Anglo-American Names Dominate Norwegian Village

Anglo-American names dominate Norwegian village

(Photo:perceptive-analytics.com)

In Øksnes municipality in Vesterålen, English first names are over twice as common as in the rest of Norway. 

– I often thought what in God’s name were my parents thinking naming me Max. In my youth, I was a bit angry with them, says Max Hugo Olsen to NRK.no.

He grew up in Myre in Øksnes with his brother Barry Martin and sisters Kate and Lena. In the period between 1960 and 1998, twenty percent of the men in the municipality got English names, against seven percent nationwide.

Myre Name Generator

Since 1900, only 141 Norwegians are named Barry, three of them live in Myre. Professor Gulbrand Alhaug at the University of Tromsø is the first to study why there are so many English names in that area.

– Islands along the coast has many English names, probably influenced by shipping. I think it is widely applicable that Northern Norway, especially along the coast, has been more open to foreign influence than in southern Norway. It leads to greater creativity, says Professor Gulbrand Alhaug to NRK.no.

Compared with other municipalities in Northern Norway, Øksnes has the third largest proportion of English names, only beaten by island communities Værøy and Røst.

Myre names are known in Vesterålen, which has led to the “Myre Name Generator” where Cliff Kenneth, Kim Teddy, or Kitt Ani are some of the name suggestions.

The 1970s was the strongest period in Myre where almost every fourth male (23%) got an English name, against seven percent nationwide. English female names however are less common. Names ending with y (example Ronny and Freddy) are most common.

Popular Culture

Northern Norway also stands out with far more double names than the rest of Norway. Thirty-eight percent born between 1998 and 2007 got double names in the northernmost part, against the national average of twenty-five percent.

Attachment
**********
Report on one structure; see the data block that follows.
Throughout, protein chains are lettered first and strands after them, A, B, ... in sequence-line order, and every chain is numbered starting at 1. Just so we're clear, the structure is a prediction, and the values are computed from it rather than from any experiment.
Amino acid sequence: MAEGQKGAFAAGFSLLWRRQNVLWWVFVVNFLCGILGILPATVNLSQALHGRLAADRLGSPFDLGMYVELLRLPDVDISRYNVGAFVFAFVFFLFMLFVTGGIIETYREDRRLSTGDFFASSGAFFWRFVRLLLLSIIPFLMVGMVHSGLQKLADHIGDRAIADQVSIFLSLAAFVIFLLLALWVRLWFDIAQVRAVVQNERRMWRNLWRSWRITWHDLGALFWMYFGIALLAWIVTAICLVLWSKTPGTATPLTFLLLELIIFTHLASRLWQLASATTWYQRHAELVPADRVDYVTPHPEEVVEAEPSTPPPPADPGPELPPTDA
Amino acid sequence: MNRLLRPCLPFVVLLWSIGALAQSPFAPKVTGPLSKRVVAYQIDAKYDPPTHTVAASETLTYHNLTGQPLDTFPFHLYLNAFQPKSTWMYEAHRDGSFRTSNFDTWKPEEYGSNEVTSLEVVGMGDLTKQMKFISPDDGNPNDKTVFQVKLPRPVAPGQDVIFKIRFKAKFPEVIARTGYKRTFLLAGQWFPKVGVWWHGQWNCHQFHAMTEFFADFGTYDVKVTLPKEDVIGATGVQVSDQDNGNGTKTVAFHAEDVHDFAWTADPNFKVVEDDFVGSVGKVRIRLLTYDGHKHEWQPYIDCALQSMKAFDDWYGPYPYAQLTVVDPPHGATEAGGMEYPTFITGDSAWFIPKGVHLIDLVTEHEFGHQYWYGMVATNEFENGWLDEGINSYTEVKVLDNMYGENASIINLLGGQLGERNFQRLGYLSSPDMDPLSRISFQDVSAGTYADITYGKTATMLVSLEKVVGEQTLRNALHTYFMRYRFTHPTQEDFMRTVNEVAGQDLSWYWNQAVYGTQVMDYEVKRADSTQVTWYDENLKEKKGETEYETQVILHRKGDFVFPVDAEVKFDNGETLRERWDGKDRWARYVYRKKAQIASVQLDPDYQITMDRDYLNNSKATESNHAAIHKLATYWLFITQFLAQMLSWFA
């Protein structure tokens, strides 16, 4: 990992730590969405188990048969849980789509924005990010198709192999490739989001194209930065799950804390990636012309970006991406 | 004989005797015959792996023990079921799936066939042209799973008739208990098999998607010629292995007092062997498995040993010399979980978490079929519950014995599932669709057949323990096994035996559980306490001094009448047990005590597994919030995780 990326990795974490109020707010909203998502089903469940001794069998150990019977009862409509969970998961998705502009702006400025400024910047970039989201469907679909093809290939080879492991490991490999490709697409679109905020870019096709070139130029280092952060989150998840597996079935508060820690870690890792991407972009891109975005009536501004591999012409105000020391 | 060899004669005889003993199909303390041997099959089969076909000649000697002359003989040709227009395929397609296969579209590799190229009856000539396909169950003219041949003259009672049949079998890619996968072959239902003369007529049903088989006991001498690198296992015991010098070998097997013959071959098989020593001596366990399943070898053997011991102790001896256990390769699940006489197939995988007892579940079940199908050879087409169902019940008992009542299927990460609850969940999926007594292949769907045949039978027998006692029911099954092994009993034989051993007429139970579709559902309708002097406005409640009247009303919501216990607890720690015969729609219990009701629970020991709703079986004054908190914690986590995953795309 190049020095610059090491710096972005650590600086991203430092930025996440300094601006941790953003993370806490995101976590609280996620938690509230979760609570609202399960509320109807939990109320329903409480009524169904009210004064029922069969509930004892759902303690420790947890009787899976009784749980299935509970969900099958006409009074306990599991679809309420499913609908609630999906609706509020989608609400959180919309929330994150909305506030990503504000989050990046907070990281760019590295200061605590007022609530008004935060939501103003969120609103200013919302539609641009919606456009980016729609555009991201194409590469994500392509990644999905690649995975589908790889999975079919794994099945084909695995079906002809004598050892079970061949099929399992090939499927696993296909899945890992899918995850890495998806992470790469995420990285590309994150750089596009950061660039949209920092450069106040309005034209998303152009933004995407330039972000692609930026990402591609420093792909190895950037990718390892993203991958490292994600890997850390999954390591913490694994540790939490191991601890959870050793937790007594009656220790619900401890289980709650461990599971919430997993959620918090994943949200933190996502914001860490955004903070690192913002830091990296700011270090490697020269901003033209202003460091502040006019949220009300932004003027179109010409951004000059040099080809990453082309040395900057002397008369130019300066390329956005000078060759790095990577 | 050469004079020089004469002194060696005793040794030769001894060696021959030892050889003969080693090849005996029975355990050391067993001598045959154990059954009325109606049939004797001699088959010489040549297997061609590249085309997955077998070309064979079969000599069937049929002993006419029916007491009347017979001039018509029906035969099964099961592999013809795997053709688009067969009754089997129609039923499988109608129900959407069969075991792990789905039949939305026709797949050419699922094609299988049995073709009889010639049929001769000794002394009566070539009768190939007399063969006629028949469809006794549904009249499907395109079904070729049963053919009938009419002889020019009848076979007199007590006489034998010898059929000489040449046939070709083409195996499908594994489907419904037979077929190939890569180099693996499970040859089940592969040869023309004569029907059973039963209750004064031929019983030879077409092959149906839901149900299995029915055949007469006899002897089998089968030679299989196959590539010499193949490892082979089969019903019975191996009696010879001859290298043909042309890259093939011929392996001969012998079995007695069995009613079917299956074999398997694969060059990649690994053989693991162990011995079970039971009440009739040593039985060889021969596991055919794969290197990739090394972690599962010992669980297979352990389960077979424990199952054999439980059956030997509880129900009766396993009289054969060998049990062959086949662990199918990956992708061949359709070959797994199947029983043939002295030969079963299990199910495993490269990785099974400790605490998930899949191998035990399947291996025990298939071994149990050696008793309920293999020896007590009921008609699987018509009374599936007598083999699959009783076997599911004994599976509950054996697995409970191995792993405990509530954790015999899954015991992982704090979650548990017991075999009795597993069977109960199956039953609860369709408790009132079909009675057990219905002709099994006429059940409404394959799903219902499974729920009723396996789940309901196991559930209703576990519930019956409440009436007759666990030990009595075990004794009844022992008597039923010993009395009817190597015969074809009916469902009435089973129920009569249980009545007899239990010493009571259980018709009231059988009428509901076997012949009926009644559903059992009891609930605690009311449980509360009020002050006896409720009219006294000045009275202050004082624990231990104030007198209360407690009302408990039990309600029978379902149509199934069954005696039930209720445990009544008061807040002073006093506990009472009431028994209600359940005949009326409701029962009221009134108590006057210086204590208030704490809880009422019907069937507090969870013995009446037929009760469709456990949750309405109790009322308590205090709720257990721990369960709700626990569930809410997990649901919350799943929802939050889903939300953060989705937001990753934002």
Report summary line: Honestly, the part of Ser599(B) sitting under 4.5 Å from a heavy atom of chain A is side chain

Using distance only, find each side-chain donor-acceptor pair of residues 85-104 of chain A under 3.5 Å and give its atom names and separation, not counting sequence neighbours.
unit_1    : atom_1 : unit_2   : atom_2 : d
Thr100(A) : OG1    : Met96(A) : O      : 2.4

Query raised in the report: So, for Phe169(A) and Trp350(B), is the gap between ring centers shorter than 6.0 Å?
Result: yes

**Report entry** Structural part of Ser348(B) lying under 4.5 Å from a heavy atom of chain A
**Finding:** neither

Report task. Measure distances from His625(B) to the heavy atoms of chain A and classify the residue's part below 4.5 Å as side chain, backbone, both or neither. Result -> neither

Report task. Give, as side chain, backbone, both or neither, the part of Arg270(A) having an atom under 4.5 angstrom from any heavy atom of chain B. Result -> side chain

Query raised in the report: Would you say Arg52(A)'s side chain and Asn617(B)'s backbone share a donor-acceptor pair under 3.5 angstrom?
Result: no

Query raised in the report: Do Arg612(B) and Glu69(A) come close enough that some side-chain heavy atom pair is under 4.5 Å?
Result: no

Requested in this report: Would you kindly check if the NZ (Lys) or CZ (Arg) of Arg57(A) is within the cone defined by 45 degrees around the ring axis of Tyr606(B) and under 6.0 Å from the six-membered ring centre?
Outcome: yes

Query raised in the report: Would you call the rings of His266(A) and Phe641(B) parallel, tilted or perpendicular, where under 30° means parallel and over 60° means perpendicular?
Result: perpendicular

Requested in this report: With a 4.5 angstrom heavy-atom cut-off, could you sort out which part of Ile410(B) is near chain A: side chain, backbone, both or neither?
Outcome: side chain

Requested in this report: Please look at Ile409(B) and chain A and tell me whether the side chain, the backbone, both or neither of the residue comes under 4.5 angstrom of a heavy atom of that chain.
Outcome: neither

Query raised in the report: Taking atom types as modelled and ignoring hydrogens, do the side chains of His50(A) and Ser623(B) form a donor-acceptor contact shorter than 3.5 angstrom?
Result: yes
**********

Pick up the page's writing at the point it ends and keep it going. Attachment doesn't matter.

The Professor can confirm that the arrival of television in the 1960s had a major influence on the parents.

– Many of the names comes from films, television and books. The increasing popularity relates to that Britons and Americans were seen as liberators after the Second World War. Later general Anglo-American cultural influence such as film and pop music have dominated.

With the years, brothers Barry Martin and Max Hugo have grown fond of their names.

– It is okay to have a name that no one else has. Other people remember me, and I am proud of my name, says Max Hugo.

Popular English male names through the 20th century:

Early 1900s: Alfred, Arthur, Edvard, Edvin

1920-1960: Henry, Willy, Harry,

1960-1985: Frank, Glenn, Johnny, Kenneth, Raymond, Richard, Robert, Ronny, Roy, Tom, Tommy

2000s: Oliver, William

Random names from Myre in Vesterålen:

Glenn Greger, Just Hjalmar, Emma Kaspara, Kent Tommy, Remi Arne, Reimar Eivind, Sean Thore, Trond Steve, Ruth Sonja, Ally Oline, Olof Lennart, Peter Jan, Edny Jennie, Fredmund Gunnar Odvin, Eilif Henry, Jan Hugo, Rolf Arthur, Sverre Ingvald Nikolai, Marina Ruth, Einar Arnold, Hennie Alise, Bergiton, Nansy Johanne, Ted Robin, Kai Freddy, Kenth Hugo, Ron-Steve, Valter Agnar, Rayner Johan.

 

Text modified by: Anette Broteng Christiansen, ThorNews

Source: NRK

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Categories: Language

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